We have more or less all heard the arguments about depression as a human condition. On the one hand, you have people asking what someone with money, opportunities and freedom could have to be depressed about. On the other, we have people who respond that depression isn’t something driven by a specific set of circumstances, and that you can no more have “something to be depressed about” than you can have “something to have pneumonia about”. In other words, depression is a state of being independent of personal circumstances.
Which side of this debate has it right? Well, like many debates about health, it’s not as clear cut as either side would have us believe. Yes, depression can strike someone who has everything just as it can strike those who have nothing. However, there is no doubt that it is statistically more likely to happen to certain societal groupings and demographics - so while there is an argument for a genetic or biological cause, it’s hard to ignore the role played by triggering events and circumstances. So, being as fair as we can be, maybe it’s time to look at what causes depression, what makes it more likely, and what to do about it.
Serotonin: The “happiness” chemical
Most antidepressant medications prescribed today are what is known as SSRIs (Synthetic Serotonin Reuptake Inhibitors). They work by preventing the body from reabsorbing the neurotransmitter serotonin before it can be delivered to a part of the brain known as the hippocampus - the part that is understood to affect emotions. The theory is that people who have depression suffer from a deficiency of serotonin in their hippocampus - and studies suggest that people who have suffered from depression tend to have a smaller hippocampus.
There is a “but” here. What we do not know is whether we are born with a smaller or larger hippocampus, or whether it shrinks during our lifetime as a response to stress. So depression may be primarily hormonally-driven, or our hormones may react to depression in the main. There is certainly a hormonal element to the condition - for example aside from serotonin treatment, many male patients have found effective testosterone replacement therapy to be hugely beneficial. That said, this does not explain why women are twice as likely as men to become depressed or why it is more common in the bereaved or recently unemployed.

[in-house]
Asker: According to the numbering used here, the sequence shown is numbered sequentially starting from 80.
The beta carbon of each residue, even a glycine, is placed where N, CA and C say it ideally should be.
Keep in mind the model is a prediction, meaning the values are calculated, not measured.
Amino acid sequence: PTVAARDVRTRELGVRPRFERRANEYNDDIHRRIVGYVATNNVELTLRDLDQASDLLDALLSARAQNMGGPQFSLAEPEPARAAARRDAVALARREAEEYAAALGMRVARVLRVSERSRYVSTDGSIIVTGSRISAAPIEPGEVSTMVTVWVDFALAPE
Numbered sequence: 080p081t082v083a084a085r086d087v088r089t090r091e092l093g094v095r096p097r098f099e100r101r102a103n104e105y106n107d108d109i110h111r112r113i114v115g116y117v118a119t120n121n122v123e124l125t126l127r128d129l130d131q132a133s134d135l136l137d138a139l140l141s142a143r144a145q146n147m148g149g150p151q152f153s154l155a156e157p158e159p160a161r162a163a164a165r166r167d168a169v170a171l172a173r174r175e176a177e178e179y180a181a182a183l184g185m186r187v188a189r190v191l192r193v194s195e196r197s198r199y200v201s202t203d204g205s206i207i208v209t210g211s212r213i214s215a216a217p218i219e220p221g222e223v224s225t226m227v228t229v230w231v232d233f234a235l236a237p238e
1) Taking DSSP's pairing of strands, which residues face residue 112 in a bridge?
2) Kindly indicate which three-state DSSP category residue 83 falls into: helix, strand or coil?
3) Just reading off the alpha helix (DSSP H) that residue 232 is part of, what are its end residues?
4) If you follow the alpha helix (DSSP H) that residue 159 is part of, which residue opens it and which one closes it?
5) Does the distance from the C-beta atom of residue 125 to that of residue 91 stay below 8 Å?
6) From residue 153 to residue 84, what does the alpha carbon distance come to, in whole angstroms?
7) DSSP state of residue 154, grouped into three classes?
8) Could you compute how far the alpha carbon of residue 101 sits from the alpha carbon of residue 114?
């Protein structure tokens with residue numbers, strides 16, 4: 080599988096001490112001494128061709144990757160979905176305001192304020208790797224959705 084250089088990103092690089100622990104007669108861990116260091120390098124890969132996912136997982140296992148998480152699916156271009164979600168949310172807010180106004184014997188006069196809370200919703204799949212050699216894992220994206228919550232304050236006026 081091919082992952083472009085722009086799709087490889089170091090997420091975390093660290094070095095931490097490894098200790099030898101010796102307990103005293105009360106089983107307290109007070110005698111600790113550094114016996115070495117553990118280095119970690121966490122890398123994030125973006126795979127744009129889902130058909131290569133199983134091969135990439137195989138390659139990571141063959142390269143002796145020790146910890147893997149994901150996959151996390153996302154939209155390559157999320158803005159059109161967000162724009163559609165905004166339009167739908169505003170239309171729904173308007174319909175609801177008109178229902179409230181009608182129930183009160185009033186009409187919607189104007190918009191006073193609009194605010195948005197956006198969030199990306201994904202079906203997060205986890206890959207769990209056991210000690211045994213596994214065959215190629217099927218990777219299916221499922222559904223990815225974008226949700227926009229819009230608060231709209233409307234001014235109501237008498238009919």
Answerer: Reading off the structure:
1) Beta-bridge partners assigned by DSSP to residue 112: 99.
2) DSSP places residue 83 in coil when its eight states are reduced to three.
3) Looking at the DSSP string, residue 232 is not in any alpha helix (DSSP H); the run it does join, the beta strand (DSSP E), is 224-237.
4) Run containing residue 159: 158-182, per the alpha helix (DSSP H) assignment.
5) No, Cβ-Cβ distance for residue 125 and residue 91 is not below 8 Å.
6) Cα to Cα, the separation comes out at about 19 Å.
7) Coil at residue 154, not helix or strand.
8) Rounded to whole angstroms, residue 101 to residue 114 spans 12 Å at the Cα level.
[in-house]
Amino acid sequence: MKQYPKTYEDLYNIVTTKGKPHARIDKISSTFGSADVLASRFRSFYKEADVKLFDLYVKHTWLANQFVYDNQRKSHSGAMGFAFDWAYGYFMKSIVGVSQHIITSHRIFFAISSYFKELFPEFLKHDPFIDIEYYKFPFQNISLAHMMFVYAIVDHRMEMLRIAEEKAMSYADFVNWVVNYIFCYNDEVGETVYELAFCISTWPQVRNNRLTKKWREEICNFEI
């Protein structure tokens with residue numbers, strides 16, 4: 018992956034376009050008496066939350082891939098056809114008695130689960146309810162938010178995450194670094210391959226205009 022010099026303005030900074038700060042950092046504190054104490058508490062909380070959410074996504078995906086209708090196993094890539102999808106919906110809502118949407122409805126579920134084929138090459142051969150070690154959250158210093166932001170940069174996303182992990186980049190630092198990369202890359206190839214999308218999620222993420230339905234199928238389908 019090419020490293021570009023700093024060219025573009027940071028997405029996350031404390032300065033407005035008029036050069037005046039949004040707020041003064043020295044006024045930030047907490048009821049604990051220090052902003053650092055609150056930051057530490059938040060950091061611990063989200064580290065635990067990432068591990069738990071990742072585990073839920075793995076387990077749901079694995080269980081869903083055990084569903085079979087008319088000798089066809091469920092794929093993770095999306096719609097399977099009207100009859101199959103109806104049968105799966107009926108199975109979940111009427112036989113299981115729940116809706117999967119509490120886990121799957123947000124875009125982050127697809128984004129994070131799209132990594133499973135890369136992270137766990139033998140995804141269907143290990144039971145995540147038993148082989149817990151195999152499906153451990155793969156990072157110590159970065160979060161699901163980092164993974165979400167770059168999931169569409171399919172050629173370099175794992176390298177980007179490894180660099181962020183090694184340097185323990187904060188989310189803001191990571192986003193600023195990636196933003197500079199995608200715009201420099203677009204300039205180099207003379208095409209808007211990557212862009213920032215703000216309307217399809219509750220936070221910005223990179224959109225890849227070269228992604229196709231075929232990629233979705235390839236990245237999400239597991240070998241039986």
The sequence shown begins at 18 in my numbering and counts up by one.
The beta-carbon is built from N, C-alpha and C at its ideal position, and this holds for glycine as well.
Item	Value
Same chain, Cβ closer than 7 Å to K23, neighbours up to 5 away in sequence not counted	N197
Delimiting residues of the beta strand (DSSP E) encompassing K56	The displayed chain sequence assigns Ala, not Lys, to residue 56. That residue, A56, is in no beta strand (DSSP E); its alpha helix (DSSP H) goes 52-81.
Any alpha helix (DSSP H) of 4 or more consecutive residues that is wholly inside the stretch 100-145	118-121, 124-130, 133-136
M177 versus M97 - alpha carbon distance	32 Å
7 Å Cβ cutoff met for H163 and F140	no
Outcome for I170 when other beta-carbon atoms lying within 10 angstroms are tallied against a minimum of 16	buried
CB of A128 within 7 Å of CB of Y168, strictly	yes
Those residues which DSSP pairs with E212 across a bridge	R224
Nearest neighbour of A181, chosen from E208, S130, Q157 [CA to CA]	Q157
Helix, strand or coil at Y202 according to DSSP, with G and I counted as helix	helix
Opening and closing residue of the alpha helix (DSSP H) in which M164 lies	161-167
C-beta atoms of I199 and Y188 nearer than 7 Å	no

Situational depression: Do we have something to be “depressed about”?
It’s hard to ignore the fact that depression is more common in people who have recently experienced a major life event. In the aftermath of a divorce or a serious illness, or even in positive events such as graduating college or moving into your first home, depression can arise. It becomes much more likely in people who have experienced abuse or have experienced substance abuse issues. What this points to is that while there may certainly be people who have a biological tendency to become depressed, it is often a triggering event that pushes us into major depressive disorder - the official term for clinical depression.
What can work to beat depression?
Those of us who have a disposition towards depression may not be in a position to ever say they have “beaten” it once and for all. However, it is entirely possible to recover from depression and live a happier life - but it’s far from easy and will take a lot of effort on the part of the patient and also by those around them. Medication can help - a lot of people who find their depression overwhelming find that antidepressants allow them to fight back. Therapy is also important - if there are “real world” reasons behind your depression, they may well be deeply rooted and unresolved traumatic events which need to be addressed.
If you know someone who is prone to periods of depression, there are things you can and should say or do, and things you shouldn’t. Pointing out to them that they have lots to be thankful for is generally counterproductive - as well as feeling insignificant and hopeless, they will now simply feel like they’re also ungrateful. Being there for them, letting them know you’re there and coming through when they need someone to talk to is the biggest role you can play. Also, don’t bombard them with academic data and explanations of why they’re feeling what they’re feeling. In a depressive episode, they’re not going to find any solace in the why - they just want, more than anything, to not be in it.
Depression is a complex condition that requires complex solutions, and it’s not something you “get over” in a day. It is something that you can come back from, however, and that’s well worth keeping in mind.
CANDY TAI is a wife to David and mom of 5 with a degree in Communications. She's a native Texan (Hook 'Em Horns!) who's been making her home in the Kansas City metro area for nearly 15 years. She loves being able to shuffle her kids from their various sports activities, piano lessons, and school activities. She enjoys fashion, beauty, reality TV, and moviegoing.
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